awlgrip or gelcoat? - SailNet Community
Reply
 
LinkBack Thread Tools
post #1 of 11 Old 04-08-2009 Thread Starter
Junior Member
 
slokaj's Avatar
 
Join Date: Apr 2007
Location: chicago suburbs
Posts: 19
Thanks: 0
Thanked 0 Times in 0 Posts
Rep Power: 0
 
awlgrip or gelcoat?

Is there a way to tell if a boat's hull is colored gelcoat or awlgripped? According to the PO (the original owner of the boat purchased new in 1988), the hull was originally white. There was an incident the first year which required repair/refinishing. As part of that process the hull was refinished in either dark blue gelcoat or painted. We're getting ready to start spring maintenance and want to know what we're dealing with before we start. thanks

Sue
Sweet Liberty | Newport 28 MkII
slokaj is offline  
Quote Quick Reply Share with Facebook
Sponsored Links
Advertisement
 
post #2 of 11 Old 04-08-2009
Midwest Puddle Pirate
 
US27inKS's Avatar
 
Join Date: Feb 2005
Location: Gardner, KS
Posts: 2,160
Thanks: 0
Thanked 0 Times in 0 Posts
Rep Power: 12
   
Quote:
Originally Posted by slokaj View Post
Is there a way to tell if a boat's hull is colored gelcoat or awlgripped? According to the PO (the original owner of the boat purchased new in 1988), the hull was originally white. There was an incident the first year which required repair/refinishing. As part of that process the hull was refinished in either dark blue gelcoat or painted. We're getting ready to start spring maintenance and want to know what we're dealing with before we start. thanks
I think it's very unlikely that they coated the entire boat with colored gelcoat, and had it come out looking good. Much more likely that the boat was painted.

Look for a chip or scratch, you should be able to tell.


To view links or images in signatures your post count must be 10 or greater. You currently have 0 posts.
John USYacht 27 "Cora Lee"
US27inKS is offline  
Quote Quick Reply Share with Facebook
post #3 of 11 Old 04-08-2009
Telstar 28
 
sailingdog's Avatar
 
Join Date: Mar 2006
Location: New England
Posts: 43,290
Thanks: 0
Thanked 15 Times in 12 Posts
Rep Power: 14
         
Re-gelcoating an entire boat is pretty unlikely. Have you tried to take off some of the deck hardware and look under it, especially at the holes where the fasteners go through?

Sailingdog

To view links or images in signatures your post count must be 10 or greater. You currently have 0 posts.

Telstar 28
New England

You know what the first rule of sailing is? ...Love. You can learn all the math in the 'verse, but you take
a boat to the sea you don't love, she'll shake you off just as sure as the turning of the worlds. Love keeps
her going when she oughta fall down, tells you she's hurting 'fore she keens. Makes her a home.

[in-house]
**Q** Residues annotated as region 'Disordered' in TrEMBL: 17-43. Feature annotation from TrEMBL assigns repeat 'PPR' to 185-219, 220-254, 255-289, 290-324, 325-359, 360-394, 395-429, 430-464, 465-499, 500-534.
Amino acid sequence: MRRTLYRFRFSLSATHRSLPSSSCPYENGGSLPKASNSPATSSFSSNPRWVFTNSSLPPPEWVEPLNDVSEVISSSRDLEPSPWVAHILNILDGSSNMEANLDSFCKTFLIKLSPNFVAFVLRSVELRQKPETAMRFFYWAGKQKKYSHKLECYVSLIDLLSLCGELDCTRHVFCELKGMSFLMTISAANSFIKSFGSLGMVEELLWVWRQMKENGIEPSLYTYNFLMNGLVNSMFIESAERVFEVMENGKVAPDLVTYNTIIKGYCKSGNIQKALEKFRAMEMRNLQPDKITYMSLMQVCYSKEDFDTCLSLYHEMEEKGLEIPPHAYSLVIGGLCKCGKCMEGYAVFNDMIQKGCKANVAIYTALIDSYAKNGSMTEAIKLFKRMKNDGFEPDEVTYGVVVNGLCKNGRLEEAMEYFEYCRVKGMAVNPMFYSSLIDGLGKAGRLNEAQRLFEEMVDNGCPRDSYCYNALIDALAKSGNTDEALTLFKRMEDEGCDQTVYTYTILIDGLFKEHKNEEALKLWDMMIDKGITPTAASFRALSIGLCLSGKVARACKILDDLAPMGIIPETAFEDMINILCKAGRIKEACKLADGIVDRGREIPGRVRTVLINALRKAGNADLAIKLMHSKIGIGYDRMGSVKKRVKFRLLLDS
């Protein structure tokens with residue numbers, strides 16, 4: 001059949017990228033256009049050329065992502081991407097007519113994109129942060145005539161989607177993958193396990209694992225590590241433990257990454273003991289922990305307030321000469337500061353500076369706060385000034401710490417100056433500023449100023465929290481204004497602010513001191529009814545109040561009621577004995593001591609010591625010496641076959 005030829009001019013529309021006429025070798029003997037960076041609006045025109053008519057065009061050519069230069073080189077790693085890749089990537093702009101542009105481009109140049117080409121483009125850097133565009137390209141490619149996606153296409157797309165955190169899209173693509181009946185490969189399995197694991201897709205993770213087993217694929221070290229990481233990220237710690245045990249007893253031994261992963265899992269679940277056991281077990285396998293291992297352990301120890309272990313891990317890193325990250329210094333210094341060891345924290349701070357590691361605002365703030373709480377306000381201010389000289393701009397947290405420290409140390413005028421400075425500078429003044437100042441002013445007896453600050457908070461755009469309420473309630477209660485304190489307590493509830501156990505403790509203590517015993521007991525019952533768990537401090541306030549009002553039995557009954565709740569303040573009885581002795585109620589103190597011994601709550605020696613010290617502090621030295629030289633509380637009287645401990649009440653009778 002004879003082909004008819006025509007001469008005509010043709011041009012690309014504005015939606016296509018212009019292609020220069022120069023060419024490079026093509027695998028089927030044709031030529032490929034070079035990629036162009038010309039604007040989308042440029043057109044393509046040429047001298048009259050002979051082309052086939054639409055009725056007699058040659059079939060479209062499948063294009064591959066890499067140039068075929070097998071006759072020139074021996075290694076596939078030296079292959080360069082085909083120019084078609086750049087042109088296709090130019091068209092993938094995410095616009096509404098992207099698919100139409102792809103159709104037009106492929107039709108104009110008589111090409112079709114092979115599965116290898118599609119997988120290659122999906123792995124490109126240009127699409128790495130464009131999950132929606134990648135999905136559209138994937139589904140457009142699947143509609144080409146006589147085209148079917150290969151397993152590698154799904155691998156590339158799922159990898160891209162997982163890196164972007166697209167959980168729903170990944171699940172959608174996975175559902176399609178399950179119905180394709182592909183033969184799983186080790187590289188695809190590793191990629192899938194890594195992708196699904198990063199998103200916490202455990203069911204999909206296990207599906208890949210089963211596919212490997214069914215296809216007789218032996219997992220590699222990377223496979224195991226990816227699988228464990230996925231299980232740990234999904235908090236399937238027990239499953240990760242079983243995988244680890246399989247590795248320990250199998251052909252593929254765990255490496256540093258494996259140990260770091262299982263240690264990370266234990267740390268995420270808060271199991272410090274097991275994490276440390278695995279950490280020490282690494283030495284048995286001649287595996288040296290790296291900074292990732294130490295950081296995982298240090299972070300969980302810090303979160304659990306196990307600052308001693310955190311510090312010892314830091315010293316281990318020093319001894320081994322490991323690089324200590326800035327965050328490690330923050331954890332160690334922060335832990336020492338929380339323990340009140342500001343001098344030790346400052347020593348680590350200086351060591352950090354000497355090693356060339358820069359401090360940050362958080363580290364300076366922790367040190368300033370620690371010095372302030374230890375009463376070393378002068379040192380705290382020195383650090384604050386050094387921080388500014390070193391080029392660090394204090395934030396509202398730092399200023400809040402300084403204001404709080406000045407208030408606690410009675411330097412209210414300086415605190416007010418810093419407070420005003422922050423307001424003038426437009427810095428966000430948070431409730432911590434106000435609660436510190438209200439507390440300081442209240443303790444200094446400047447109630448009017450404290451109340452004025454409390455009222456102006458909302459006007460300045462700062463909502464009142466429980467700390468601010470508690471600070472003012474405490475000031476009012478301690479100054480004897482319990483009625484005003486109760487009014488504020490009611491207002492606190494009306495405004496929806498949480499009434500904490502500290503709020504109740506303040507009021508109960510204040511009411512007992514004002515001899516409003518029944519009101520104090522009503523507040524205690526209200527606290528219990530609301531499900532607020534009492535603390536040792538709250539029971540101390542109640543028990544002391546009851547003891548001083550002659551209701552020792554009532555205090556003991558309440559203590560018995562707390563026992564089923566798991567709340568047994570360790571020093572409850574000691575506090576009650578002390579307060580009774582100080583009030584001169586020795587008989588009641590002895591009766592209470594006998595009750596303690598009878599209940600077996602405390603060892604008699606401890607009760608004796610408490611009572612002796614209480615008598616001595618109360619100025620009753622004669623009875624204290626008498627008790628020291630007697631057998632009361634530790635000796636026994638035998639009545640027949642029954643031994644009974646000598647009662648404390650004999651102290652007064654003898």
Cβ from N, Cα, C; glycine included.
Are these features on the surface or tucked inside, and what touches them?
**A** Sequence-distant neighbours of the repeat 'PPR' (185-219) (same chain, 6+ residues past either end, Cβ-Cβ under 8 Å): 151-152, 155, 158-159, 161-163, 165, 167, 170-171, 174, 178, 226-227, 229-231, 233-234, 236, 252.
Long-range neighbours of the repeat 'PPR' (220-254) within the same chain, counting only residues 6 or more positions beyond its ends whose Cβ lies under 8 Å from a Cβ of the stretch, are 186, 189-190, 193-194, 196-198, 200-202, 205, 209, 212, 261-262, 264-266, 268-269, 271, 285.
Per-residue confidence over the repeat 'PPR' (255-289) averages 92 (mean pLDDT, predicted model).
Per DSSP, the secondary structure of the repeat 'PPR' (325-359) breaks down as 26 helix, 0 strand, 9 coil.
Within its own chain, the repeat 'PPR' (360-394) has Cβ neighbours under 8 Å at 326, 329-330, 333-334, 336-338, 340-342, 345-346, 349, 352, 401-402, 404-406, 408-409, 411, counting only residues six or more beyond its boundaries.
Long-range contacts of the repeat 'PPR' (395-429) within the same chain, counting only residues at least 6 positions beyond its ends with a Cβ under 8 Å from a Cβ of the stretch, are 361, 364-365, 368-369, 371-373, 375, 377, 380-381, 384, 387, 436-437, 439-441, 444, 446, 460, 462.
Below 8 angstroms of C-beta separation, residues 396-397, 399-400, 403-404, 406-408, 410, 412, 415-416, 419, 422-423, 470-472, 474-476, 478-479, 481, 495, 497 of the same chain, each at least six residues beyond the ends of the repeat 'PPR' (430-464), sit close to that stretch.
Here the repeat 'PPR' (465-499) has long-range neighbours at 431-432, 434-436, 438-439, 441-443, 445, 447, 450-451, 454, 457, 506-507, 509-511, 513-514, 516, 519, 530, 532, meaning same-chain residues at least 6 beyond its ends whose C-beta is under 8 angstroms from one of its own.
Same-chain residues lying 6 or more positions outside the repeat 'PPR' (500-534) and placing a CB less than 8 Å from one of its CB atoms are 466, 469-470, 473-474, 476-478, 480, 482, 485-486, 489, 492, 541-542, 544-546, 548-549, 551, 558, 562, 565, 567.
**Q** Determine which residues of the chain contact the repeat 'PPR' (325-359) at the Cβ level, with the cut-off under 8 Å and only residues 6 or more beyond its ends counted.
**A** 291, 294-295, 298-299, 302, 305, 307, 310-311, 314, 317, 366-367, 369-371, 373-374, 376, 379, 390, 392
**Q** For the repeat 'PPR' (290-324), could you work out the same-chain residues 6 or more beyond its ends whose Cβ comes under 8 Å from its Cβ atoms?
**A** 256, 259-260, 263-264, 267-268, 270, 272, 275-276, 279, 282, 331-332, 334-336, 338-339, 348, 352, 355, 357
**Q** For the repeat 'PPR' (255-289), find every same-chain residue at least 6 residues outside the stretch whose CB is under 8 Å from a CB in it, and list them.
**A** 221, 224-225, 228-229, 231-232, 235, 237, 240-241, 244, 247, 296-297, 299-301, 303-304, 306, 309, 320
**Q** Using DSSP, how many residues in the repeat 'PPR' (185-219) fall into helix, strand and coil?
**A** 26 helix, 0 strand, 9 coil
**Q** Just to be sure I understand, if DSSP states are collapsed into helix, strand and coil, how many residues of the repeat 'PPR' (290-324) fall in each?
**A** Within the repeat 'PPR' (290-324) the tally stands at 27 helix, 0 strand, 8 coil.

—Cpt. Mal Reynolds, Serenity (edited)

If you're new to the Sailnet Forums... please read this
To view links or images in signatures your post count must be 10 or greater. You currently have 0 posts.
.

Still—DON'T READ THAT POST AGAIN.
sailingdog is offline  
Quote Quick Reply Share with Facebook
post #4 of 11 Old 04-10-2009
ASA and PSIA Instructor
 
Join Date: Apr 2000
Posts: 3,566
Thanks: 7
Thanked 24 Times in 24 Posts
Rep Power: 16
 
It would be extremely unusual for a boat to be re-gelcoated, it would cost a small fortune to FIRST remove all the old gelcoat...would only be a consideration if the existing gelcoat had to come off...the boat is painted...especially if the blue looks good for more than a month or two each season. that would be paint..gelcoat will look like crap.

Certified...in several regards...
sailingfool is offline  
Quote Quick Reply Share with Facebook
post #5 of 11 Old 04-11-2009
STARBOARD!!
 
KeelHaulin's Avatar
 
Join Date: Mar 2006
Posts: 1,662
Thanks: 0
Thanked 2 Times in 2 Posts
Rep Power: 11
   
Except that since it was re-done in the first year, if it was either a warranty repair or it was an insurance job; it could have been done in gelcoat to satisfy the owner because the boat was essentially new. If you are comparing the cost of re-gelcoat to the cost of a new boat; it could be within reason to reason to re-finish with gelcoat.

I would buff with the lightest compound that will remove any oxidation; 3-M Perfect-It with a foam pad on a polisher (not orbital buffer) if it is light oxidation. Perfect-It is mainly used for polishing not compunding so it should not damage a paint if it is not gelcoat. Otherwise you could try buffing by hand with progressively heavier compound until you get to the compound that will remove the oxidation; then use one level of compound lighter on a polisher with a wool pad; then follow up with the Perfect-It polishing compound and a foam pad to bring out the gloss.
KeelHaulin is offline  
Quote Quick Reply Share with Facebook
post #6 of 11 Old 04-11-2009
Telstar 28
 
sailingdog's Avatar
 
Join Date: Mar 2006
Location: New England
Posts: 43,290
Thanks: 0
Thanked 15 Times in 12 Posts
Rep Power: 14